The Last Black Man In San Francisco
Director: Joe Talbot
Writers: Joe Talbot, Jimmie Fails
Stars: Jimmie Fails, Jonathan Majors, Danny Glover, Mike Epps
The effects of gentrification weigh heavily on the city itself as well as its inhabitants in director Joe Talbot’s debut feature, The Last Black Man In San Francisco. The title is more of an exaggeration, despite the film going in some magical realism style directions which could have signaled a literal take, and instead deals with a man, played by Jimmie Fails (and based on his own life) who feels like he’s being pushed out of the city he calls home.
Jimmie is borderline obsessed with a house that was built by his grandfather in a now gentrified neighborhood in San Francisco. The house is big and beautiful, but it’s not the status that keeps Jimmie going back to hang out in front of and even work on repairs to the house (much to the chagrin of its new wealthy white inhabitants). It’s the sense of belonging and history that make him want to live there so badly.
So when a chance situation leaves the house vacant for the foreseeable future, Jimmie does what he thinks is the right thing to do and just moves in with his best friend Montgomery (Jonathan Majors, the stand-out of the film)… Yeah this house was his family’s at one point… Yeah he wants it so bad… But what he’s doing can only be described as squatting.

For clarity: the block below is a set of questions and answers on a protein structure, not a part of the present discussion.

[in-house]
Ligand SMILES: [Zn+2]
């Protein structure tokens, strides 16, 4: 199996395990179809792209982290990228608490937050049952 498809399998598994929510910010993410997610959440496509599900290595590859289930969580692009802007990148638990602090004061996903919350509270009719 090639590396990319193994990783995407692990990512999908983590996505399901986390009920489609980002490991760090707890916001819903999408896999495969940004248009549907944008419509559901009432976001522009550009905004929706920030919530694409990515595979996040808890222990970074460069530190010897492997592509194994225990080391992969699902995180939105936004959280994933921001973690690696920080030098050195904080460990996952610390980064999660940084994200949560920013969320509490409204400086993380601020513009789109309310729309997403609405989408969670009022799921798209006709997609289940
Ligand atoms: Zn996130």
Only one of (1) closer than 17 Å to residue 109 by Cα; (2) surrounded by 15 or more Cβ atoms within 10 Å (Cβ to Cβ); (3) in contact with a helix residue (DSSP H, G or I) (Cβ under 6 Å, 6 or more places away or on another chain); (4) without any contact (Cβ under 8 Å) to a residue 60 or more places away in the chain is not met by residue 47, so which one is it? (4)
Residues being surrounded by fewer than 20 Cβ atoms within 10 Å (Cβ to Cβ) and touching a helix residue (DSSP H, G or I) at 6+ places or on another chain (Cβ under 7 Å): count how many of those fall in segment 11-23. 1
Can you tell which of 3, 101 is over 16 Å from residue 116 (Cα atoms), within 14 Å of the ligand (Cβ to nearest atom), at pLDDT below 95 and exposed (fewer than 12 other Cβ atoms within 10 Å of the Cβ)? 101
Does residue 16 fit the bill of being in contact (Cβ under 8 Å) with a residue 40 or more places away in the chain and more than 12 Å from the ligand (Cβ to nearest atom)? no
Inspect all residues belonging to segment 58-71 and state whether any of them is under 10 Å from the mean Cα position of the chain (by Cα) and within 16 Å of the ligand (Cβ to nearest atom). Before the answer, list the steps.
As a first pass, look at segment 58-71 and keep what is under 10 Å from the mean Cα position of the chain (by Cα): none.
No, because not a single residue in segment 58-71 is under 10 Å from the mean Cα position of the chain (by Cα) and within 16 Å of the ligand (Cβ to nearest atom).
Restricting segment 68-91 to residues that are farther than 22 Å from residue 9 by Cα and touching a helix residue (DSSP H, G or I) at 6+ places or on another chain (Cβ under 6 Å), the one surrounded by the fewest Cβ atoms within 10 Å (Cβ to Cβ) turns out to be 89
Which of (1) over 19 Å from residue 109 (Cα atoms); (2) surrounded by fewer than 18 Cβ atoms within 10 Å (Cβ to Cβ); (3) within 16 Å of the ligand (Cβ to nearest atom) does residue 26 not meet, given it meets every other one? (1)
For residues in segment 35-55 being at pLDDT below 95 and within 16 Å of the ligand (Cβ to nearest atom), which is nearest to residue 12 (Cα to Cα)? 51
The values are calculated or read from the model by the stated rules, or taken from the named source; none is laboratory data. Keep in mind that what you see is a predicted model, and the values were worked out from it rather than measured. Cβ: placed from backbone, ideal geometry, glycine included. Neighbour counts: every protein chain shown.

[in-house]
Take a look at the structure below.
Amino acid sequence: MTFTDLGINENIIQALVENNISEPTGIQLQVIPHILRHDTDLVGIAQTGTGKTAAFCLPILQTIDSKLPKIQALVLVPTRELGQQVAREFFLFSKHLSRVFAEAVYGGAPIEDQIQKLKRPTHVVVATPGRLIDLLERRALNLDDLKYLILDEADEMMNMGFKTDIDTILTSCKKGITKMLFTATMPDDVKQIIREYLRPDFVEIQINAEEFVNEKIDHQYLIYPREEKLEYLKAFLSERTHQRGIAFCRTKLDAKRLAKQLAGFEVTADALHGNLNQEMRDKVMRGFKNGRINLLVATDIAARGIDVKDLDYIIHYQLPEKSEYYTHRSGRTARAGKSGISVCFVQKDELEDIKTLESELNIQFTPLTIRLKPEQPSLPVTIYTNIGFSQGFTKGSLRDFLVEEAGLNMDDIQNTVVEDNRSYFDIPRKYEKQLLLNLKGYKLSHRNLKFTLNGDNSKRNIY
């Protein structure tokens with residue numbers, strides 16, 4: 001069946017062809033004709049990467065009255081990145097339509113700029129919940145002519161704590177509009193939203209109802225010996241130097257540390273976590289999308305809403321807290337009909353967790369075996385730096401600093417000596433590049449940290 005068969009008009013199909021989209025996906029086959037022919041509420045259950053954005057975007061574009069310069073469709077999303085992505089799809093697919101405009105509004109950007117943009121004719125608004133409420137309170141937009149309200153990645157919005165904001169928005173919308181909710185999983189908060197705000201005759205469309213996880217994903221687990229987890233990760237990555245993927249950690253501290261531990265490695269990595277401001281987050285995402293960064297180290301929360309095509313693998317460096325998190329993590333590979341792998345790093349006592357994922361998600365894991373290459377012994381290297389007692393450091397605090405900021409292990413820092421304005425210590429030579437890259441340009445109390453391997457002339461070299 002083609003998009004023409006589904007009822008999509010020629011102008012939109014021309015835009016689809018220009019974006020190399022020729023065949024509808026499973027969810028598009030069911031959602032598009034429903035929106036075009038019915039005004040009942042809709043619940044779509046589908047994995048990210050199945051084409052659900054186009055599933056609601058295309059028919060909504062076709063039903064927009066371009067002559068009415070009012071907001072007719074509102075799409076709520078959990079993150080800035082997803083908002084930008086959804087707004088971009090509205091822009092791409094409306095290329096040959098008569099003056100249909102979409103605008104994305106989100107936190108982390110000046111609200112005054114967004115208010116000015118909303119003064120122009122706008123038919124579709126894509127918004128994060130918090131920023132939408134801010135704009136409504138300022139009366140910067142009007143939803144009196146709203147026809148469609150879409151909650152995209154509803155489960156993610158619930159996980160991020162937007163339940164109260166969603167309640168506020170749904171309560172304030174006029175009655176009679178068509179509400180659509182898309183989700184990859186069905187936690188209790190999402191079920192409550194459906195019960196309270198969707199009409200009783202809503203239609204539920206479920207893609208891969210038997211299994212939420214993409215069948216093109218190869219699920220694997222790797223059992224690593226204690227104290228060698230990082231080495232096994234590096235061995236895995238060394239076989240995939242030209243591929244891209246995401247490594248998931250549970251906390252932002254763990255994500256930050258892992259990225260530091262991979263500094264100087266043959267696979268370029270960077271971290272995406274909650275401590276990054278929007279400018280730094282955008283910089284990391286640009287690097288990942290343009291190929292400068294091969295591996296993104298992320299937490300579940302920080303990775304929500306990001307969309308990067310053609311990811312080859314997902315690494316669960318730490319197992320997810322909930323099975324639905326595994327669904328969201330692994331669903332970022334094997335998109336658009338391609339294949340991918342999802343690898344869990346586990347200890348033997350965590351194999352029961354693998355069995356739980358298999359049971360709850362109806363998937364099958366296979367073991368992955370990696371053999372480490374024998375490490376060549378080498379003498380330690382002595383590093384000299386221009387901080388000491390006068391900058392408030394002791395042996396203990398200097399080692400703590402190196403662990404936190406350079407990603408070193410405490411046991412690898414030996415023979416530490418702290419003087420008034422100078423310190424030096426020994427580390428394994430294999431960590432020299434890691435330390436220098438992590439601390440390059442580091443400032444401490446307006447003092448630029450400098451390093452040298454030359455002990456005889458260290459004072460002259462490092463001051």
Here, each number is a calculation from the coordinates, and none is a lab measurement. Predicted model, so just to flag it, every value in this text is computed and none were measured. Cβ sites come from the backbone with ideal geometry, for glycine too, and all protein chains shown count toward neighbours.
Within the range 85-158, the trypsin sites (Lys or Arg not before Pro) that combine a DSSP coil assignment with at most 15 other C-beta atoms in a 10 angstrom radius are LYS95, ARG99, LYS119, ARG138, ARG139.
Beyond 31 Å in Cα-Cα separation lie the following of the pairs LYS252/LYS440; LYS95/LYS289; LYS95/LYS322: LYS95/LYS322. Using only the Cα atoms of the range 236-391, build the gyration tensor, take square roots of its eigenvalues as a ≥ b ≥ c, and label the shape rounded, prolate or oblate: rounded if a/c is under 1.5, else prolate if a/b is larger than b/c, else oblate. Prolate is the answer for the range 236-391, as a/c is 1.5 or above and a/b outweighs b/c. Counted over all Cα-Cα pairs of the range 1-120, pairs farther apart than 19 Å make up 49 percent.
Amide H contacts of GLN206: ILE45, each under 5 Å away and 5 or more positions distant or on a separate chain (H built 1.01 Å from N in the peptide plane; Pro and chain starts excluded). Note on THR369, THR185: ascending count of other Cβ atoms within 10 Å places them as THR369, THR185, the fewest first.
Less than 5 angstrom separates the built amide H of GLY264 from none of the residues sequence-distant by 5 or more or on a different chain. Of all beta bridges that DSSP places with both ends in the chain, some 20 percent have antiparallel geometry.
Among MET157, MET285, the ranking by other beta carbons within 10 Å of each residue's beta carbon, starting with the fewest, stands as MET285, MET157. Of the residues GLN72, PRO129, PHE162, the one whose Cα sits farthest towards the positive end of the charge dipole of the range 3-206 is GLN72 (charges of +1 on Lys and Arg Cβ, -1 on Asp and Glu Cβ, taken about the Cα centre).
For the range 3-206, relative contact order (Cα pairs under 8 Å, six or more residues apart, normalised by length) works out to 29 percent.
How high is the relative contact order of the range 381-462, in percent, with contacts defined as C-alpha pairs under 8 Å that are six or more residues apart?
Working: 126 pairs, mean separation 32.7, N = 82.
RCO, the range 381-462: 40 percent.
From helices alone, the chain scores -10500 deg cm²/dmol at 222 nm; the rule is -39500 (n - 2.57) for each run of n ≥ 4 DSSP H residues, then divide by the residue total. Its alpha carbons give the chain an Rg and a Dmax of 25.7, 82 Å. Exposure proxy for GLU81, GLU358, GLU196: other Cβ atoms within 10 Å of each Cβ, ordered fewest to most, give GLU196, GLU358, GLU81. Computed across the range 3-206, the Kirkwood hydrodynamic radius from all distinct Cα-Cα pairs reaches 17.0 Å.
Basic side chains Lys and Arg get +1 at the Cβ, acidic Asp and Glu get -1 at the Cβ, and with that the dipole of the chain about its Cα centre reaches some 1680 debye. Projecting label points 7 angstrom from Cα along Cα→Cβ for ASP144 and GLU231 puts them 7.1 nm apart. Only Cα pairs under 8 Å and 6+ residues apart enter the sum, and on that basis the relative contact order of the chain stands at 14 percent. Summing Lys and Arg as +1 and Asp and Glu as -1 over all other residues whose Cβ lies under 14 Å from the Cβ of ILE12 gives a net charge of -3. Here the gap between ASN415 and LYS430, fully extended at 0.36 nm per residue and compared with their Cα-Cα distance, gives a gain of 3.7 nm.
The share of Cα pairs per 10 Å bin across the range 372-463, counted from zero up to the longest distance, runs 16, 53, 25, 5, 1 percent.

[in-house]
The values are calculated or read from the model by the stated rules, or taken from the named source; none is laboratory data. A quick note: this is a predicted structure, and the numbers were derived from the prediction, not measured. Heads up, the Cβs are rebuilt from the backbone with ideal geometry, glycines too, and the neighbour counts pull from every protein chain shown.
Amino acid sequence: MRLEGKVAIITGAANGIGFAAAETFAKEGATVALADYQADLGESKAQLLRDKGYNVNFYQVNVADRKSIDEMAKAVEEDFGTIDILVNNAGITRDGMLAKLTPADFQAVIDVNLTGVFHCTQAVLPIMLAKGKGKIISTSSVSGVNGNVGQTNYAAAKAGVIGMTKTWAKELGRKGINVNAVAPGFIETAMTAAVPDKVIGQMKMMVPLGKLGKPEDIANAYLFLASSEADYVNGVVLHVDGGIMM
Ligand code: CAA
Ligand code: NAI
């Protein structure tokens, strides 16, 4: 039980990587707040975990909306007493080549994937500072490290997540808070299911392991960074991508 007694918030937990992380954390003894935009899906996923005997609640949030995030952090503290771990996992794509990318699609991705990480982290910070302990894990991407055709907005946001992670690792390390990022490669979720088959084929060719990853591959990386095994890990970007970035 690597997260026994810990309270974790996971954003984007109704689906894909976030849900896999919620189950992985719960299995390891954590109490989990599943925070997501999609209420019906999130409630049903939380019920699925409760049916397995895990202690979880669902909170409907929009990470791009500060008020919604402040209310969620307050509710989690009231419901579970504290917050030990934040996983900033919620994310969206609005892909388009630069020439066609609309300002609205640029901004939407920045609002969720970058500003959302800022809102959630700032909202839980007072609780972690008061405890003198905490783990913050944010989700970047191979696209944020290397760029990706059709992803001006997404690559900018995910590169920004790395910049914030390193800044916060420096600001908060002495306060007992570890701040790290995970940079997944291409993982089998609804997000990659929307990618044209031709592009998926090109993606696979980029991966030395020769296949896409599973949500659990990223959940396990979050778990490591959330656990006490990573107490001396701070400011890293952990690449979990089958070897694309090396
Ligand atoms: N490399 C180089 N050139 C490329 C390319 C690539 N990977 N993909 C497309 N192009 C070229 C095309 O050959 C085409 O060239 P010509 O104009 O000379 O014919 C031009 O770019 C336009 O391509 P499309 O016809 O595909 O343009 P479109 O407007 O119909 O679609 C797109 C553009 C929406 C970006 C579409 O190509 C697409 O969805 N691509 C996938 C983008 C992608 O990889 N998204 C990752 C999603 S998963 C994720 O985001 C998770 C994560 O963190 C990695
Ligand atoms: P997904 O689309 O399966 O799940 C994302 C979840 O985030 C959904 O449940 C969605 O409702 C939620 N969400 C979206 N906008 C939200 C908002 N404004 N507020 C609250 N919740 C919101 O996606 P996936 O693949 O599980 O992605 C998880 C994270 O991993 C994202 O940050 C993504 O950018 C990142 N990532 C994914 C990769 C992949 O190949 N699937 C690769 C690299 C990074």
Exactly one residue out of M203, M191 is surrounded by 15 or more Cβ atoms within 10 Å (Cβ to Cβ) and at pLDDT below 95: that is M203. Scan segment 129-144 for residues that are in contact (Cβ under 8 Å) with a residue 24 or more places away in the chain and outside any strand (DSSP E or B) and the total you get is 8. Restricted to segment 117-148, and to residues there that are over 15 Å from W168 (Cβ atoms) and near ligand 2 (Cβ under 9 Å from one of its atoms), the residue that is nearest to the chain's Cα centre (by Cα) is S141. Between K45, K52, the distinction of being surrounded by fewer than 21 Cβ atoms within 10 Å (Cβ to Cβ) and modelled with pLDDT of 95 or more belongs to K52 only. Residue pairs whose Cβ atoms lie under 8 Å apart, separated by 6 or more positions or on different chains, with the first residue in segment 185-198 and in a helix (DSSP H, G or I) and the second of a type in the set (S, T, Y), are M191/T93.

I’ll be honest, as hard as the emotional themes of the film hit me, it was a little hard to get on board a protagonist that is a squatter after issues in my own neighborhood… BUT lets leave those personal qualms aside and focus on the movie at hand. Jimmie Fails and Jonathan Majors are an absolute joy to watch, and Joe Talbot’s debut is amazingly assured. Some of the shots are just so beautiful to look at, and to see these characters dealing with the joy and pain of their poor existence in their constantly changing neighborhood that clearly doesn’t seem to have room for them anymore… It’s heartbreaking but wonderful.
It all builds to a one-man-show of sorts by Montgomery that reveals truths and leans heavily into that magical realism that the film toys with throughout. An excellent supporting cast adds a lot of flavor to the film, and most important of all is a phenomenal score by Emile Mosseri that elevates things to another level.
While there’s obviously a lot I loved about the film, The Last Black Man In San Francisco does slip a little while trying to blend tones between drama and comedy, realistic and magical, and trying to follow the film from one to another. But still, it’s a fantastic debut and a film that seems to get better the more you think about it.